Today I want to veer from the common path and do a book review. To be totally honest, this is the first ever book review I’ve done even though I’ve become famous for reading a minimum of 1hr/day and have published an extensive book list for trainers. Please do note that the PTDC does get a very small commission if you decide to buy this book. We would never promote anything that we don’t 100% believe will help you.
Rarely does a book come along and act as a complete guide for not just trainers but anybody interested in fitness. Alex Hutchinson has accomplished just that. For those of you who don’t know Alex. Here is a rundown of his credentials:
- Master’s in journalism from Columbia
- Ph.D. in physics from Cambridge (post-doctoral research with the U.S. National Security Agency)
- Senior editor at Canadian Running magazine
- Contributing editor at Popular Mechanics magazine
- Health and Fitness Columnist for Canada’s leading newspaper (The Globe and Mail)
- Canadian national team runner between 1997 and 2008 in middle and long distance
It will answer All of your questions about health and fitness.
The following is taken straight from the introduction:
So let me begin with a full disclosure: this book does not contain any secret workouts or magic pulls that will product instant fitness.
Instead, what follows is an up-to-date guide to what scientists know about exercise, health, and performance — and, just as importantly, what they don’t know. It’s an “evidence-based” guide: the answers it offers to common fitness questions aren’t based on conventional wisdom or gut feelings. Instead, they’re drawn from the more than 400 peer-reviewed journal articles listed in the reference section at the back, along with over 100 interviews with researchers from around the world.
In total Alex answer’s 112 questions in this 270 page book. It’s meant as a reference guide and not to be read cover to cover. The idea is, anytime you or your client has a question you pop out the book. Odds are it’s answered in full. I’ve listed below two examples of questions that I constantly get asked and a snippet from the book:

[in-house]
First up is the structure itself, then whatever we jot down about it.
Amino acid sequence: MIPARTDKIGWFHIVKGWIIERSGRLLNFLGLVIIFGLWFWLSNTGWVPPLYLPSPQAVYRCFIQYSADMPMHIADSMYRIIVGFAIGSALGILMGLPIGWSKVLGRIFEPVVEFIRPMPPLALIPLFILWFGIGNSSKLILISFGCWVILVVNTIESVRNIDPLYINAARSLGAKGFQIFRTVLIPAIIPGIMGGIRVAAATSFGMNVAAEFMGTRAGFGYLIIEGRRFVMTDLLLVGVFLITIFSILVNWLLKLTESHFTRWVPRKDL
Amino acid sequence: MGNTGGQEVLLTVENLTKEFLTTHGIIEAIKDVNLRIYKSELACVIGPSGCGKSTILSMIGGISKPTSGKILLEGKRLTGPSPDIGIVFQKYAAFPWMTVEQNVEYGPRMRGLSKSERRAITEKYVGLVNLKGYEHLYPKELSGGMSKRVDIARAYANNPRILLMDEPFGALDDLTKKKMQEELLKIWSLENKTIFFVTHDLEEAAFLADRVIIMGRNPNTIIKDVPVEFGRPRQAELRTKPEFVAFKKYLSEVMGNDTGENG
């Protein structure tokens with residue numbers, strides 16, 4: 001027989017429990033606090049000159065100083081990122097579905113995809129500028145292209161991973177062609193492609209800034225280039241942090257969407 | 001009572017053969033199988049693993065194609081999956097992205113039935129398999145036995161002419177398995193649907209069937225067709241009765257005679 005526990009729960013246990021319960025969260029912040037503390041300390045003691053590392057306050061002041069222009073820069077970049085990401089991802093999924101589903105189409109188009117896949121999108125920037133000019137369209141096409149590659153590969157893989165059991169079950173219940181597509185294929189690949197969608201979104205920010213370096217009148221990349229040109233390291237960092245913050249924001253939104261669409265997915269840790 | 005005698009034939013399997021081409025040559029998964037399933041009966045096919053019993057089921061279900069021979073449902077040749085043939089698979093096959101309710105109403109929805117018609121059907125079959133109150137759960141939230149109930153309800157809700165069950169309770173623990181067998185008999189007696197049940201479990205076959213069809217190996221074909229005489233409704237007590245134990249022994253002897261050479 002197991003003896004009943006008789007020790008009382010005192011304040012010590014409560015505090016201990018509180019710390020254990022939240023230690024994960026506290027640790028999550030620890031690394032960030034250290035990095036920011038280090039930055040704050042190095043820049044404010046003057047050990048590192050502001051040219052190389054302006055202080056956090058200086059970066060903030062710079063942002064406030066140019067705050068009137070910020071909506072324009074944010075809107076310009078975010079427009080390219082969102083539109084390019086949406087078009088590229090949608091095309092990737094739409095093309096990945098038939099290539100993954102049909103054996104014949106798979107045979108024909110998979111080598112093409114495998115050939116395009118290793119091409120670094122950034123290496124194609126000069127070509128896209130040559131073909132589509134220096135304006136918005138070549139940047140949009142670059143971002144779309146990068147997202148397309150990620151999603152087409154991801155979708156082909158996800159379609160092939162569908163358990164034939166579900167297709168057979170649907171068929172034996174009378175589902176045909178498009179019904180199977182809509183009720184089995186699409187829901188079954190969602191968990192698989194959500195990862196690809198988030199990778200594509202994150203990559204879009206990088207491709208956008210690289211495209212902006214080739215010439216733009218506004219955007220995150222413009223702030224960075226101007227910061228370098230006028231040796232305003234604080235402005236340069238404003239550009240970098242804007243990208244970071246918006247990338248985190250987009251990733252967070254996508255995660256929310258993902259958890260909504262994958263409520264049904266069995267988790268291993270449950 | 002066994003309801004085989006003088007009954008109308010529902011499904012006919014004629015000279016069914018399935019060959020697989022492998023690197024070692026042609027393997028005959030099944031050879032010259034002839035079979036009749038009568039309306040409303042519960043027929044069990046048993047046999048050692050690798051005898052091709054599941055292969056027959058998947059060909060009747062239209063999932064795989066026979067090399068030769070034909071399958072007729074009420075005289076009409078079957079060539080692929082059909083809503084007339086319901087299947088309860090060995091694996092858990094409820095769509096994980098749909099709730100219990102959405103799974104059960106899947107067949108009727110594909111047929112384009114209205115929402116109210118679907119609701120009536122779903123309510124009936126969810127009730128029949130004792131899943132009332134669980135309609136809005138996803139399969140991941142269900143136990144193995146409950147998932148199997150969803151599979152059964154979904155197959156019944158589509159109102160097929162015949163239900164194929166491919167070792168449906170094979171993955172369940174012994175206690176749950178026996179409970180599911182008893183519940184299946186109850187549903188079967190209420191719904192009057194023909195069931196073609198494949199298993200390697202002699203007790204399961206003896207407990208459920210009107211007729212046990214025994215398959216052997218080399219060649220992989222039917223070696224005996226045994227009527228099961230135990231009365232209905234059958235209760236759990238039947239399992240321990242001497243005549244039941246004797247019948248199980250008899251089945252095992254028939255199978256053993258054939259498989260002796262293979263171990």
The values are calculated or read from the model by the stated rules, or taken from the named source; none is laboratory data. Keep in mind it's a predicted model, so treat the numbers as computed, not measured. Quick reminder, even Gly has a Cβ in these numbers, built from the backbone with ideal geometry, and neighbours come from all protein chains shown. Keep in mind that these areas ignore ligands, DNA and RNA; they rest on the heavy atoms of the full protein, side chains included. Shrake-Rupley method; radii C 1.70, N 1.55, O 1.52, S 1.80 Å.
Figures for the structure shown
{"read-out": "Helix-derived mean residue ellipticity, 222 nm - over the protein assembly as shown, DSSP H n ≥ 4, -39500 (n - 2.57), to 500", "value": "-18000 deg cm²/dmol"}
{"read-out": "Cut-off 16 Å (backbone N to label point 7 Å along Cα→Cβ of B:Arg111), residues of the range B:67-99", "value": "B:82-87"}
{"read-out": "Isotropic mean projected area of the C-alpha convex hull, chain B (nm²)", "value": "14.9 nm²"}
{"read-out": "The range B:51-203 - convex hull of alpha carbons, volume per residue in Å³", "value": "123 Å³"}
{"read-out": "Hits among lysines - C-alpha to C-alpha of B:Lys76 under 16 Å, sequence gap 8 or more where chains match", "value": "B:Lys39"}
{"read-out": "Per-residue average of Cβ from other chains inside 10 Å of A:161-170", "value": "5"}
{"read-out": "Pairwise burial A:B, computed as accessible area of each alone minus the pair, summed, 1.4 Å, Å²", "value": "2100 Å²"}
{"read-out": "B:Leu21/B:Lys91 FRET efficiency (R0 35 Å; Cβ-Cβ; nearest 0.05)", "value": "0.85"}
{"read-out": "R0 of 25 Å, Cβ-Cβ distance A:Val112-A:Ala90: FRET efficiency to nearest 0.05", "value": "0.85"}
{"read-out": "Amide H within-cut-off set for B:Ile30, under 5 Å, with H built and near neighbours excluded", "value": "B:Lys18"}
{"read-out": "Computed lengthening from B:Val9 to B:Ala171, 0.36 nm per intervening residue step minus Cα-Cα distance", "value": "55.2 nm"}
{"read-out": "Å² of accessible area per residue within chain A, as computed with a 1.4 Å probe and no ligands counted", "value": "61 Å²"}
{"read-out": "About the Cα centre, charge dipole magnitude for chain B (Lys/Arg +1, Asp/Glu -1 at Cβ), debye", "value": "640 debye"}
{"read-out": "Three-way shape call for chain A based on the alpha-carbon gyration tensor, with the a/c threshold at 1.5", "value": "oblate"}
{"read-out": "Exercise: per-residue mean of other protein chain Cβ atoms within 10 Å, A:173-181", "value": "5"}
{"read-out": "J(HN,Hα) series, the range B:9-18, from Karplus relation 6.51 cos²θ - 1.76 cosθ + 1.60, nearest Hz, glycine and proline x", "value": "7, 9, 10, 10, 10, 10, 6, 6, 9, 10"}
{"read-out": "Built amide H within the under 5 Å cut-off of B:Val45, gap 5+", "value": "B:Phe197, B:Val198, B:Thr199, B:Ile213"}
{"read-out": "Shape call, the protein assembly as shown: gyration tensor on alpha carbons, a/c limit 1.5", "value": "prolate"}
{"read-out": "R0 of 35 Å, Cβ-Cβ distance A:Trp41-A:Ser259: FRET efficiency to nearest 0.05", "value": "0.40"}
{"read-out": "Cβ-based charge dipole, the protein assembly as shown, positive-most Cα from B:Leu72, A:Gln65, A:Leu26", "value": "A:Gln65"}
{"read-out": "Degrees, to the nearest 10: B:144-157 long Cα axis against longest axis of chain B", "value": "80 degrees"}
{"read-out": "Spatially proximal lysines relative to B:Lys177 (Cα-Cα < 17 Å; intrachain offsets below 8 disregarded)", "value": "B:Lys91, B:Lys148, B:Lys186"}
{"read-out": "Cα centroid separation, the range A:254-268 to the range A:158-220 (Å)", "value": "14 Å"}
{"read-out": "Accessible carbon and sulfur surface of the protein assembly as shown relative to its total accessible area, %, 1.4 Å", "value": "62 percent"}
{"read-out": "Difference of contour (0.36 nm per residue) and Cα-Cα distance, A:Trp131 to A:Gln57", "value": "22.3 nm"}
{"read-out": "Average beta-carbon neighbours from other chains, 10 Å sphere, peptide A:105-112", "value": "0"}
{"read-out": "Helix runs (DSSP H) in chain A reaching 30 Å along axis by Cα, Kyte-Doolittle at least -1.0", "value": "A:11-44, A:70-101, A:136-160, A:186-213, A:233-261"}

Does lactic acid cause muscle fatigue? (pg 59-61)
The roots of the lactic acid myth go back to experiments with isolated frog muscles in 1907. When researches applied a shock to the muscles (which were disconnected from the frog’s bloodstream and thus had no source of oxygen), they found that lactate was produced. However, when they repeated the experiment with oxygen supplied, the lactate disappeared. Over the next few decades, physiologists developed the hypothesis that muscles produce lactate when they’re forced to contract without oxygen and that the accumulating acidity is what causes muscular fatigue.
These ideas weren’t challenged until a series of experiments in the 1970s by George Brooks of the University of California, Berkeley, and it wasn’t until the past decade that his views gained widespread acceptance. Brooks showed that you don’t produce lactate only when you’re in oxygen debt. In fact, you’re constantly converting your carbohydrate stores into lactate, even when you’re at rest. About half of this lactate is then immediately converted into ATP, the basic fuel for muscular contractions. The proportion of lactate used in this way hits 75 to 80 percent when you’re exercising, since it doesn’t require oxygen. The rest goes into the bloodstream and is used to fuel the heart or is converted by the liver into glucose (another source of energy for working muscles).
What should I eat to avoid stomach problems during exercise? (pg 208-211)
[hr_shadow] I personally own this book and reference to it often. I’ve also given it as a gift to many of my clients when they hit goals or for birthdays or other special occasions. Just think, you might never have to answer any of these questions again by buying your clients a book. Remember that the more educated they are the stronger your army.
Additionally, your choice of foods can make a big difference. Dietary fiber slows down digestion and also increases bulk in your colon by drawing in water — so you’re better off with white bread than whole-wheat for a pre-workout snack if you’ve been having GI problems. Foods high in fat also take longer to move through the stomach. Unfortunately, pre-workout carbohydrates come with problems of their own: some people experience an effect called “rebound hypoglycemia” after eating carbohydrates in the hour before exercise, resulting in dizziness, weakness, and sometimes nausea after 15-20 minutes of exercise. This happens because simple carbohydrates trigger a rise in insulin to reduce levels of blood sugar. Exercise also reduced blood sugar, so if you combine the two back to back, your blood sugar levels drop too low and you get light-headed.
One way to avoid rebound hypoglycemia is to abstain from carbohydrates for the hour before your workout. Or you can take the opposite approach: if you eat carbohydrates in the last five minutes before you start, your insulin levels don’t have time to spike, thus avoiding the problem. It also helps to stick to foods with a moderate of low glycemic index, which means they cause a slower rise in blood sugar. A banana, a blow of oatmeal, or a piece of whole-wheat bread with peanut butter are good examples of foods with a moderate glycemic index.